I thought it sad that I don’t hear that kind of conversation much in public today. I hear it in private conversations with my family and some of my friends. I sometime hear it before and after Mass, but not out there. It seems that our faith has become such a personal thing, just between me and God, and we rarely burst out in genuine thanksgiving. Maybe we’re afraid of the reaction we’ll get. If someone gave you a wonderful gift for Christmas, say a car or something big like that, wouldn’t you tell all your friends? Wouldn’t you have them come over to see it and take a drive with you? And wouldn’t your true friends rejoice with you over it and truly be happy for you?

We will be celebrating Christmas soon, and I’m sure life will be crazy for most of us between now and then. What can you do to acknowledge the most important gifts you will be receiving? How can you see the hand of God in every carol, every delicious meal, every child? How can you rejoice in just being alive and acknowledge the gift? How can you accept the mercy that God has extended to you and then offer that mercy to others, especially to those who have hurt you?

Sometimes it’s hard to recognize the truth of who Jesus is and what that means for us. The people of Bethlehem did not stop by the stable to see the newborn baby because of anything special about his appearance or because his mother and father were important people. They came to see this wonderful thing because the heavenly hosts were rejoicing. The shepherds were invited into the stable. They were called to see the wondrous gift God had just given them.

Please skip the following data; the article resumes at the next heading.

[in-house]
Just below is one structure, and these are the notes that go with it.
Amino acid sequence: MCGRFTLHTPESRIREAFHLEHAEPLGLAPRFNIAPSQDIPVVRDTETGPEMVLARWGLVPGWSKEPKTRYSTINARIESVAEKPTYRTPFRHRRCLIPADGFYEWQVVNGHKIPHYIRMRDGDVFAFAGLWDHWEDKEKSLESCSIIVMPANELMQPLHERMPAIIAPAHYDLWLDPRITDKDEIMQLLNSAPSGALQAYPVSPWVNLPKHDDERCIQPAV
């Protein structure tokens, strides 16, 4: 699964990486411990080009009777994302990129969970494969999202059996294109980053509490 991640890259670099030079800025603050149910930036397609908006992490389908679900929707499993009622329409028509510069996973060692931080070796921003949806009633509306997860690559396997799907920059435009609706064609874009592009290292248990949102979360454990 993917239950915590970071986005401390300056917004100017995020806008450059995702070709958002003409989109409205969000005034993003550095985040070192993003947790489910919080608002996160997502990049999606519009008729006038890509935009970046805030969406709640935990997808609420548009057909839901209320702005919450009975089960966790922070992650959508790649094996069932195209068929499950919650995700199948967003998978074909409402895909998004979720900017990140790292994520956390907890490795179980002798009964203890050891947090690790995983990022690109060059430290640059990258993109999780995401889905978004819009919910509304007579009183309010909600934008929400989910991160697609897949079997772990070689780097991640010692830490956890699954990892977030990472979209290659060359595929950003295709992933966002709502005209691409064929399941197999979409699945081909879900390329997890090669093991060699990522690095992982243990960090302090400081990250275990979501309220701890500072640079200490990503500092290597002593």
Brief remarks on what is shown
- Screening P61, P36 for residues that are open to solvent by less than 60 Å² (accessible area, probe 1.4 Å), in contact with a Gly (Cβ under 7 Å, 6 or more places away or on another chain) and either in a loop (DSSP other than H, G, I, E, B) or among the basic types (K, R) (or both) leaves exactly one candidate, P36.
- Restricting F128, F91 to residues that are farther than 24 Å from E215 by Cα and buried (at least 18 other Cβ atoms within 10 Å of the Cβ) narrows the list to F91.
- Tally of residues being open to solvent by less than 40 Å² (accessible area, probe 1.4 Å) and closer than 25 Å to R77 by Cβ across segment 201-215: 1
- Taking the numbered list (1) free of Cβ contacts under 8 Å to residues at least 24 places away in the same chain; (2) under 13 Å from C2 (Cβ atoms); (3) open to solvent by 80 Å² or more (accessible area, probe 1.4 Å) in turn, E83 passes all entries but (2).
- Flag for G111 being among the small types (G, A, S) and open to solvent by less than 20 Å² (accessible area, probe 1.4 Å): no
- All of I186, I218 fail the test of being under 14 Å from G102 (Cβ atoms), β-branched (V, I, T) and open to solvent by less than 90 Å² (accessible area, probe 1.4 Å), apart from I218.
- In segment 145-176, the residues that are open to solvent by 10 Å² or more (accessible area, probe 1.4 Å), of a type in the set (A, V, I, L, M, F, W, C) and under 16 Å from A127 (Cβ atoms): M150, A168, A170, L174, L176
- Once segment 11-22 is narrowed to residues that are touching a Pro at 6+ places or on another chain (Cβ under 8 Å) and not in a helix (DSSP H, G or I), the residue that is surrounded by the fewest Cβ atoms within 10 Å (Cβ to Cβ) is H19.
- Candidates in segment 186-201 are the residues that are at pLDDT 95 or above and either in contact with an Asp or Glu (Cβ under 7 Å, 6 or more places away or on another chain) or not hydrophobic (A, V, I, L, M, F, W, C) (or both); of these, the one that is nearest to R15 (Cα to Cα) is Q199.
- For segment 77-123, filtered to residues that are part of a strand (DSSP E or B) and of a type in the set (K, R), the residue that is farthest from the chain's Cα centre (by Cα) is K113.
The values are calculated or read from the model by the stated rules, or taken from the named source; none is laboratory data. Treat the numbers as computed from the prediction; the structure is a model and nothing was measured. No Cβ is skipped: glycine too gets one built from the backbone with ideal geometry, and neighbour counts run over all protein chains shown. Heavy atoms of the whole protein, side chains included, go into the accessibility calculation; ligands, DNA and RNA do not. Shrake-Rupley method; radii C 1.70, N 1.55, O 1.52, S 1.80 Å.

The angels weren’t rejoicing for Jesus, they were rejoicing for us. God’s plan for the salvation of mankind was being put into motion, and they were rejoicing in expectation of our joy.

People respond to rejoicing. It is contagious. People want to know what the fuss is all about and they naturally join in when they can. People may not want to hear you preach, but they will be drawn to your rejoicing. Who can you invite into the stable this week? Who will want to know what you are fussing about? Who will want to join in your rejoicing? And once they do, what will you tell them?


Sunday, November 22, 2015

Jesus Wins

Solemnity of Christ the King
Cycle B

Today we celebrate the great Solemnity of Christ, the King of the Universe. This is the last Sunday in our liturgical year, and it is fitting that at the end we take time to focus on the end of time and God’s great plan for us and for all of creation. Today we come full circle to take stock of the past year, get our priorities straight, and move on to the joyous expectation of the coming season of Advent.

And God’s plan is pretty simple: Jesus says that he is in charge and he wins. Bottom line.

To Christians, this feast is one of great hope. To us, the fact that Christ is king means that He is in control. Eventually, He triumphs over all the other kings of the world. The image of Christ as king helps us focus on the truly important. It gives us hope in the face of all the minor and major setbacks we face in our daily lives and in the world.